Despite the widespread governmental denial of anthropogenic climate disruption, many signs indicate we are already past the point of no return, headed toward a “dead planet.”
“I am poor and naked, but I am the chief of the nation. We do not want riches but we do want to train our children right. Riches would do us no good. We could not take them with us to the other world. We do not want riches.”
- Red Cloud, Oglala Lakota Sioux
At the beginning of June, the Obama administration proudly announced the EPA’s so-called Clean Power Plan, the goal of which is to cut carbon pollution from power plants by 30 percent below 2005 levels by 2030. It was trumpeted as the strongest proposal ever put forth by a US president to reign in greenhouse gas emissions.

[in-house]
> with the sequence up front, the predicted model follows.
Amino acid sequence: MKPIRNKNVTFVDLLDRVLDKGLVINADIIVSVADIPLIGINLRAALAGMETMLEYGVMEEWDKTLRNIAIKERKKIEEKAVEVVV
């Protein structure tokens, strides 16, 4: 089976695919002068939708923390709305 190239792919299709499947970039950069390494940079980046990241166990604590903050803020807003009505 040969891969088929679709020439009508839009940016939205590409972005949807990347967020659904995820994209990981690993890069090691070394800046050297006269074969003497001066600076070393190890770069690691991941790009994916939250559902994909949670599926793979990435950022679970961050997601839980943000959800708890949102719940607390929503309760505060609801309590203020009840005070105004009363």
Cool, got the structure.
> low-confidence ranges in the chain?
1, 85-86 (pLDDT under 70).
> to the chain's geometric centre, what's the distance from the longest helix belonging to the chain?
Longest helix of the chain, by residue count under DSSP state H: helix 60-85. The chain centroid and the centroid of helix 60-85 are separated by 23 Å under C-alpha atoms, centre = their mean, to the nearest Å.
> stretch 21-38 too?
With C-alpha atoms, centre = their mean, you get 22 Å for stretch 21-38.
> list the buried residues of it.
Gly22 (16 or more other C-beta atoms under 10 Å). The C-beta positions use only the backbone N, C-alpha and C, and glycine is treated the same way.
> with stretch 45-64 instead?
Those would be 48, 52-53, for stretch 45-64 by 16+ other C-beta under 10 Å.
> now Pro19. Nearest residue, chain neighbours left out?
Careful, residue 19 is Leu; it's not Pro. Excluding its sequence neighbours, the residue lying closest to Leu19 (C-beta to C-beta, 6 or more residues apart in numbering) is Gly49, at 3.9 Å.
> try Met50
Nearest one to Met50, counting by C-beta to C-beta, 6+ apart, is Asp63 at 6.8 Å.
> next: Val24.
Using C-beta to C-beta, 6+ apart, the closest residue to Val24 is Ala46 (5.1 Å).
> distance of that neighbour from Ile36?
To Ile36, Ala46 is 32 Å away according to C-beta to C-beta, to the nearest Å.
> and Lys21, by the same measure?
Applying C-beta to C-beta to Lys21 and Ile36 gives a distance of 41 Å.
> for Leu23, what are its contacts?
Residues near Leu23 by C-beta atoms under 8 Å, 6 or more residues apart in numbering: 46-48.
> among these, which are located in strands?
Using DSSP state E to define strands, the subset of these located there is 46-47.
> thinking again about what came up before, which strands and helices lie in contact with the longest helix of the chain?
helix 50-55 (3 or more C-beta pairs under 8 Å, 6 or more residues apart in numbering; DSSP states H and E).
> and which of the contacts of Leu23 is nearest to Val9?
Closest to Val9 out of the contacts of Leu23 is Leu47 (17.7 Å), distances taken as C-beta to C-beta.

However, Kevin Bundy with the Center for Biological Diversity‘s Climate Law Institute was unimpressed, commenting, “This is like fighting a wildfire with a garden hose – we’re glad the president has finally turned the water on, but it’s just not enough to get the job done.”
Given the increasingly rapid pace of the impacts of runaway anthropogenic climate disruption (ACD), Bundy’s remark is well placed, and these recent machinations by the Obama administration are clearly too little, far too late.